Benefits of Frugality (That Have Nothing To Do With Money)

Things keep breaking at our house. Maybe you know the feeling.

First the automatic door lock. Then the dryer.

The old me would have just replaced these things, no questions asked. (And we did end up replacing the door lock, but not before calling customer service to see if we could purchase the parts to fix it ourself…to no avail…boo, Kwickset.)

The old me wouldn’t have even tried to fix things. The old me didn’t even know how to call customer service and ask for information on parts and warrantees.

But the frugal me fixes things rather than instantly replacing.

The frugal me questions every purchase, asking if I can live without it or put it off.

The frugal me isn’t afraid to try new things and learn new skills.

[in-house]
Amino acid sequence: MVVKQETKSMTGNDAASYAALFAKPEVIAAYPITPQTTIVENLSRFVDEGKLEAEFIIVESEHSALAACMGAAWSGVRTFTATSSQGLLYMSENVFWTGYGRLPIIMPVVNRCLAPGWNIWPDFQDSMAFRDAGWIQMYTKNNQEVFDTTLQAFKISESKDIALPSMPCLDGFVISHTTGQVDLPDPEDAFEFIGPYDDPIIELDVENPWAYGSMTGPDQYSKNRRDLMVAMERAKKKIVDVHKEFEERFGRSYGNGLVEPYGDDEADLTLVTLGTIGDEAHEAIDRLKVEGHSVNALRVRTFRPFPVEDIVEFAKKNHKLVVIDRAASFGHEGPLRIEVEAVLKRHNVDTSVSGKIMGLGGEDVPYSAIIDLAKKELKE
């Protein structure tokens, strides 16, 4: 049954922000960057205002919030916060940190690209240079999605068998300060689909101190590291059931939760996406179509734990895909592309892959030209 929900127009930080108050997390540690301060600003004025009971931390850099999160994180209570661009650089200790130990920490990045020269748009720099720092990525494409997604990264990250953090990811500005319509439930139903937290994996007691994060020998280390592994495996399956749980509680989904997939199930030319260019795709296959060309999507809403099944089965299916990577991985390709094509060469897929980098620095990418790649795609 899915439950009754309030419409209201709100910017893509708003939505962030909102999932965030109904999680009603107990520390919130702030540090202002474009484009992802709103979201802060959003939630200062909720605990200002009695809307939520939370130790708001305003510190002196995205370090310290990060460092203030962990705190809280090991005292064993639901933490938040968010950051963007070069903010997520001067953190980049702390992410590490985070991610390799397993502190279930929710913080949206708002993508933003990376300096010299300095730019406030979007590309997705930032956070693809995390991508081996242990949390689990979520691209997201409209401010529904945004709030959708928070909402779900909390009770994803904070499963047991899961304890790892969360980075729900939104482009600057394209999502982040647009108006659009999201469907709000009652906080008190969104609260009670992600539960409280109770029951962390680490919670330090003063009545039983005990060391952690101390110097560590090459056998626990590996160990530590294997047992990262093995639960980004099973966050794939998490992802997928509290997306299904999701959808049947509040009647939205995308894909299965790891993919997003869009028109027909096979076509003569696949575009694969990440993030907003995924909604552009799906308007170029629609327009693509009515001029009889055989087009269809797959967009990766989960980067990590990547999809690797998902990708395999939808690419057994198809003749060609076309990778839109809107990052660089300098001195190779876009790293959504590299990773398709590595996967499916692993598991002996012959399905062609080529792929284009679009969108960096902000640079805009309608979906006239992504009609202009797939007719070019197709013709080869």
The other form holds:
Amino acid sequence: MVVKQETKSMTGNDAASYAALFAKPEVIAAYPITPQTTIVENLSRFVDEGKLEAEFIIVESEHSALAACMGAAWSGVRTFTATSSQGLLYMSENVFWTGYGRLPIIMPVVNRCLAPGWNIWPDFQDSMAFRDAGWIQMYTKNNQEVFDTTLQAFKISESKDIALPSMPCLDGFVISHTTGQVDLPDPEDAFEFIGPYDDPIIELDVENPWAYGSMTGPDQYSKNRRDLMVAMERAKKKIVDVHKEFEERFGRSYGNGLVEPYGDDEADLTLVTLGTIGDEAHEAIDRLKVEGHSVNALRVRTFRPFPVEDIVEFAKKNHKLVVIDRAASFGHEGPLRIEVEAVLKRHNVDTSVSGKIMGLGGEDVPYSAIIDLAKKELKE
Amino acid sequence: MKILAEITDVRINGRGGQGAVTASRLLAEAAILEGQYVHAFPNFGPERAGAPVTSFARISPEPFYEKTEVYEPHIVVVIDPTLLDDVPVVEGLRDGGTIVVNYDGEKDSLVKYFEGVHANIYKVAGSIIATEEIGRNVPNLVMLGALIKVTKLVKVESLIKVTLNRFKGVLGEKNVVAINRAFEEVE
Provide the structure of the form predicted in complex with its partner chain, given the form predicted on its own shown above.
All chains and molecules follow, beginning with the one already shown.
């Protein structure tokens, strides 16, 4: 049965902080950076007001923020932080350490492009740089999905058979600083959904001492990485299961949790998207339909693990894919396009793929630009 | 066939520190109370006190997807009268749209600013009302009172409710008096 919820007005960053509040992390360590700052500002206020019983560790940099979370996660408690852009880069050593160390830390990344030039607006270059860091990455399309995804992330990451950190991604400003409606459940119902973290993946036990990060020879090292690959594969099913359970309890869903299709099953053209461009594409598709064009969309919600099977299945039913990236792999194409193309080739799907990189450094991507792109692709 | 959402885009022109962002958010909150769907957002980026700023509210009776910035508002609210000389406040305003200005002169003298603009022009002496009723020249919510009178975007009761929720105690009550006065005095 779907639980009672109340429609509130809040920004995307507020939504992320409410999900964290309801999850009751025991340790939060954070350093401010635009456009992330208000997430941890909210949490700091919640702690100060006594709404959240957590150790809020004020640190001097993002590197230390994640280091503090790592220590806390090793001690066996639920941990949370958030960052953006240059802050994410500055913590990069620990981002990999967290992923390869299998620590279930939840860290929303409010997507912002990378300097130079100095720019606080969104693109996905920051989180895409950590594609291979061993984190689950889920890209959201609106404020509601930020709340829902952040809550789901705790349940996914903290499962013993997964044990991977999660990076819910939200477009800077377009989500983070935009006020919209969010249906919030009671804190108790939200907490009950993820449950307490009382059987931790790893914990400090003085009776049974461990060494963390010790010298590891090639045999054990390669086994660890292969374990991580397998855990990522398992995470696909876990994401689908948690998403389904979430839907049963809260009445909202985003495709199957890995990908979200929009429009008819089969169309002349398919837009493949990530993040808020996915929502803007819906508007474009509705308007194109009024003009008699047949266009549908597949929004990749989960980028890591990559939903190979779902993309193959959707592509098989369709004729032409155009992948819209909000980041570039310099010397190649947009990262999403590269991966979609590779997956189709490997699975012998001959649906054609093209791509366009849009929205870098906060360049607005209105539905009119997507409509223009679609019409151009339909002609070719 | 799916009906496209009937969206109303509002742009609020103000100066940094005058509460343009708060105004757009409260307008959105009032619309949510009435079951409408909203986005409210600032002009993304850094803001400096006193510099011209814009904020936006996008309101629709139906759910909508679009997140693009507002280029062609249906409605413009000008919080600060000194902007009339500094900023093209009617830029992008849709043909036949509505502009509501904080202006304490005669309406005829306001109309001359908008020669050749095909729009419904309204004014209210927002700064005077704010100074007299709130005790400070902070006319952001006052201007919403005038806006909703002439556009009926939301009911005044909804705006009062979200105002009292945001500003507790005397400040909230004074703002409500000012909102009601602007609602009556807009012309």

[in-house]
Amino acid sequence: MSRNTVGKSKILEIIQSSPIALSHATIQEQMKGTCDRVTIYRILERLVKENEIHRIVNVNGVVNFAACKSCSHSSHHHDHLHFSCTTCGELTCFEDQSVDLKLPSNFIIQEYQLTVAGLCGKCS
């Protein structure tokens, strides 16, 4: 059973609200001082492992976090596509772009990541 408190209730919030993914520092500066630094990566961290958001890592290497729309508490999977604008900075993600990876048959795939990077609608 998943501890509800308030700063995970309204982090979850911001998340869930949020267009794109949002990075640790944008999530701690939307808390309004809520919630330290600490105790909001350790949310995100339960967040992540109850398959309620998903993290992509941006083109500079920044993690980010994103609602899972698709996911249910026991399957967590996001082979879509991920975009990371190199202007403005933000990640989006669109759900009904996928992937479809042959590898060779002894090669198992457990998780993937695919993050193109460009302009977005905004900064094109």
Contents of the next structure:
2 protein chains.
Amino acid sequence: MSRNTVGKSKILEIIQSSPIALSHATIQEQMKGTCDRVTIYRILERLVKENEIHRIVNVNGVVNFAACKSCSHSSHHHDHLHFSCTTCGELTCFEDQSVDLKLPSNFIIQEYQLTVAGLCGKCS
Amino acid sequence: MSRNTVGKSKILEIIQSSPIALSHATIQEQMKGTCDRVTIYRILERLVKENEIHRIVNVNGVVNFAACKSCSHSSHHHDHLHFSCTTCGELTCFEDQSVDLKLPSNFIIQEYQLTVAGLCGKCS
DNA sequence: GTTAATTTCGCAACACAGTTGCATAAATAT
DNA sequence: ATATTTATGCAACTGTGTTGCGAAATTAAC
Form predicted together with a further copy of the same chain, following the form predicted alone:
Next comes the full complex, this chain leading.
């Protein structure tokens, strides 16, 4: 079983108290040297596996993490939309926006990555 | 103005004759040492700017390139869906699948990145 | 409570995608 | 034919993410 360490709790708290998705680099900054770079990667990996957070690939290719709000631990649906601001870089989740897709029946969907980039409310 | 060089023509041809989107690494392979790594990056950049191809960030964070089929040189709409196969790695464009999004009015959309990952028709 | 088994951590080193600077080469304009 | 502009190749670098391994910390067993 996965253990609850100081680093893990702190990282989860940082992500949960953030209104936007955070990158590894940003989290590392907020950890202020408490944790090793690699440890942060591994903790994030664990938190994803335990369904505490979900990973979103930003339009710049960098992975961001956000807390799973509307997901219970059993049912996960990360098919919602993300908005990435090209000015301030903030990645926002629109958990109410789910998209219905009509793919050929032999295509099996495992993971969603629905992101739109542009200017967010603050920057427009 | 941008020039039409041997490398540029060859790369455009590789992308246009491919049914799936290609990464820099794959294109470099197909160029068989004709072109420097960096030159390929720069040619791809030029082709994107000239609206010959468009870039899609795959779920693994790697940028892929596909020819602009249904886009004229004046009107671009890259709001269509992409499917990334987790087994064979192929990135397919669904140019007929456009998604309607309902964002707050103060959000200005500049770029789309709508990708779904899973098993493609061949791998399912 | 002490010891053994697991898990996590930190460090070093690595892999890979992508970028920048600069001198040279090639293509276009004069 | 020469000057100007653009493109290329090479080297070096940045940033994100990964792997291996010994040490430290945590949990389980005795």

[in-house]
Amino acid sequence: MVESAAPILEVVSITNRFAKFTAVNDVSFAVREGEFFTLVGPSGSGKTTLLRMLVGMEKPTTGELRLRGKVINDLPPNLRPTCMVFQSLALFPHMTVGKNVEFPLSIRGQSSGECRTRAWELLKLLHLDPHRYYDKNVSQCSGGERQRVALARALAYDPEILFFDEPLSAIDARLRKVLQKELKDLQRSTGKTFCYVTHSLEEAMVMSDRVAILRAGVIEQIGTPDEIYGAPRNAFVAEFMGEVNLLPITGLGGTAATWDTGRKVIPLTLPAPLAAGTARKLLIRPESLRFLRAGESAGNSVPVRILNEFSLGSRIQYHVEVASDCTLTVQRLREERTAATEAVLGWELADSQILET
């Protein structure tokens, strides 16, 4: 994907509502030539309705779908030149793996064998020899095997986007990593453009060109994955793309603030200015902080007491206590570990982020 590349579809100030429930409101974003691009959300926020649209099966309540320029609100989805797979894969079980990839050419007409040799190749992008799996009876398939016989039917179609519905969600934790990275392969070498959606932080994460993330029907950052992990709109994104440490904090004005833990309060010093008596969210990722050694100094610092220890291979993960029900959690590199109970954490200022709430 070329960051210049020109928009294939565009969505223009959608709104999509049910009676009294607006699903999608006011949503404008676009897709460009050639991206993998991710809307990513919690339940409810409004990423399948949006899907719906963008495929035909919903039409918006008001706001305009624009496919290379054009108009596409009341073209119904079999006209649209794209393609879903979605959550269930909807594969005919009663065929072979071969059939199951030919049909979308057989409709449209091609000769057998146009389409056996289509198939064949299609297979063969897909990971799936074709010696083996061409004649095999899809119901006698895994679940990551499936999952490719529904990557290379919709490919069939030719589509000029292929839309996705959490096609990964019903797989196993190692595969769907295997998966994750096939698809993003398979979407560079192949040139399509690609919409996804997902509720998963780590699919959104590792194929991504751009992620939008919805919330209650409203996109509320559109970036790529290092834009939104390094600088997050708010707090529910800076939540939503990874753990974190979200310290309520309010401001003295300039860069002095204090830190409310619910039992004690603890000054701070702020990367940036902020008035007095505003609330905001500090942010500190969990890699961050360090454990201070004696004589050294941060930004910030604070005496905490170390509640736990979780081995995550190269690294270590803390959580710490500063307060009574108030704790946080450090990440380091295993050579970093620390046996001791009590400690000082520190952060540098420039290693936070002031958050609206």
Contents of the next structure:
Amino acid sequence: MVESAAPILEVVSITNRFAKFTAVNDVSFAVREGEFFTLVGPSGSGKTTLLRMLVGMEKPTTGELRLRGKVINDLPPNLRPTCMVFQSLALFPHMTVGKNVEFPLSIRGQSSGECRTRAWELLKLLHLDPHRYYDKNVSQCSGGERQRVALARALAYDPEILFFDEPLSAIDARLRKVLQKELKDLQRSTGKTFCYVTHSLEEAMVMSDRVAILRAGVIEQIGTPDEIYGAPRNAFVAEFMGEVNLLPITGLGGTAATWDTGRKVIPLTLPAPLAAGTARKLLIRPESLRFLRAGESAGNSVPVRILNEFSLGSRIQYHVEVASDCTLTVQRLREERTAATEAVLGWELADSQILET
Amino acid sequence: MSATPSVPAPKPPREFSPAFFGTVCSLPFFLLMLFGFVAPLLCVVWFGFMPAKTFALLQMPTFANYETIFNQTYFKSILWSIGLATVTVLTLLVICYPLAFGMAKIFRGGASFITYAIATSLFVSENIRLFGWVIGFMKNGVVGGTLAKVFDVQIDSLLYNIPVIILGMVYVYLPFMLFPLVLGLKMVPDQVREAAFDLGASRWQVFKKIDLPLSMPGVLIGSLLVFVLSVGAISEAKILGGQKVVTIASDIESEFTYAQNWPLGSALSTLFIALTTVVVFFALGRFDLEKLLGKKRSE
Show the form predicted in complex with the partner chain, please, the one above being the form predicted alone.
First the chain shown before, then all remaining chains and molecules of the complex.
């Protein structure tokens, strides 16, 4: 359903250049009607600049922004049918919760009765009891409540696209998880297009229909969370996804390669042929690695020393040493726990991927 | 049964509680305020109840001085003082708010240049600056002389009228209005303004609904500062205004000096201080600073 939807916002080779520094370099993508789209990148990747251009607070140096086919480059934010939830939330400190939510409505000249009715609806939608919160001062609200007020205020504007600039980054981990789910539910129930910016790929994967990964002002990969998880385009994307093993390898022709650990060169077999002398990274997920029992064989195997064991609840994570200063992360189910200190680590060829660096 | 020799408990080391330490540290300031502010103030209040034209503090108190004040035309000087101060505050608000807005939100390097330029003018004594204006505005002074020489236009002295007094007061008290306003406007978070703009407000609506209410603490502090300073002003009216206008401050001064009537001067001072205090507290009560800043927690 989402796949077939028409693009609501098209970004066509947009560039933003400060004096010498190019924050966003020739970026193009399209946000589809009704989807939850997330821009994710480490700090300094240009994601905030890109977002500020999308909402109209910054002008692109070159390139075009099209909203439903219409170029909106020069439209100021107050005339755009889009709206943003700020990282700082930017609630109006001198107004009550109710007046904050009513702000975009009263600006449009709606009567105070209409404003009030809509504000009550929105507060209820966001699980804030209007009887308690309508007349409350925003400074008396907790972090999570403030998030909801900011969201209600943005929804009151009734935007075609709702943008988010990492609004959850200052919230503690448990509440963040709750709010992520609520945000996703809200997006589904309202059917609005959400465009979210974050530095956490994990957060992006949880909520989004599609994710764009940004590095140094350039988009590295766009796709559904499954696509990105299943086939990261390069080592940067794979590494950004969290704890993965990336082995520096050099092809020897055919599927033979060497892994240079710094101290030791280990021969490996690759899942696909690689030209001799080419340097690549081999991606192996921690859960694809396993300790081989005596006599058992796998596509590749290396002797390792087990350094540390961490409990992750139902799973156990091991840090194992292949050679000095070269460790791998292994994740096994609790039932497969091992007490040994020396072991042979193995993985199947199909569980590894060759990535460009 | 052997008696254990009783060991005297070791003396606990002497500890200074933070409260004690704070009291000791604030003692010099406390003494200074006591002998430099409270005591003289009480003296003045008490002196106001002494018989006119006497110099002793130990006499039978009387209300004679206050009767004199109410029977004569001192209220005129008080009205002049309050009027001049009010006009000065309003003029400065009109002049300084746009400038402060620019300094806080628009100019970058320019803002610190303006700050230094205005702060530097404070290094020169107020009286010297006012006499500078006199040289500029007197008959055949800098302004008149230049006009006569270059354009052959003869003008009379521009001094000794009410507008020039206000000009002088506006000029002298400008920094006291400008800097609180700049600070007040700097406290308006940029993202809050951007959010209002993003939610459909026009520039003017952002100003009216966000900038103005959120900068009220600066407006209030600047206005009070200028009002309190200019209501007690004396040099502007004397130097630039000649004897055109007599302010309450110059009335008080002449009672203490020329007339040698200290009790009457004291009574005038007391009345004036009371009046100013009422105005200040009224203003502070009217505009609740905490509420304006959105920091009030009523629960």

Our generation has the privilege of free how-to Youtube videos and online message boards of other people fixing the same exact things. We should take advantage of this DIY goldmine!

Especially when there is danger or electricity involved, I think it’s good to be on the safe side. Let’s be real, here. (Insert disclaimer.)

But the “safe side” doesn’t always mean hiring a professional. The “safe side” could be asking a friend who is a professional, listening carefully, and doing the work yourself.

The “safe side” could be doing your research (definitely unplugging things and flipping breaker switches) and learning from the mistakes of others who found themselves in your shoes.

Sometimes things aren’t as complicated in real life as they are in our minds. For me, any kind of car repair is amplified exponentially by my self-prescribed lack of practical car knowledge. When, in reality, a car is a pretty simple machine and there aren’t that many parts to it.

And house repairs often aren’t as scary as they sound. In my own experience, most home repairs are actually kind of “crafty” and I’m more well-suited for them than I ever gave myself credit for. (If you can make a mosaic and take basic measurements, you can lay tile, right?)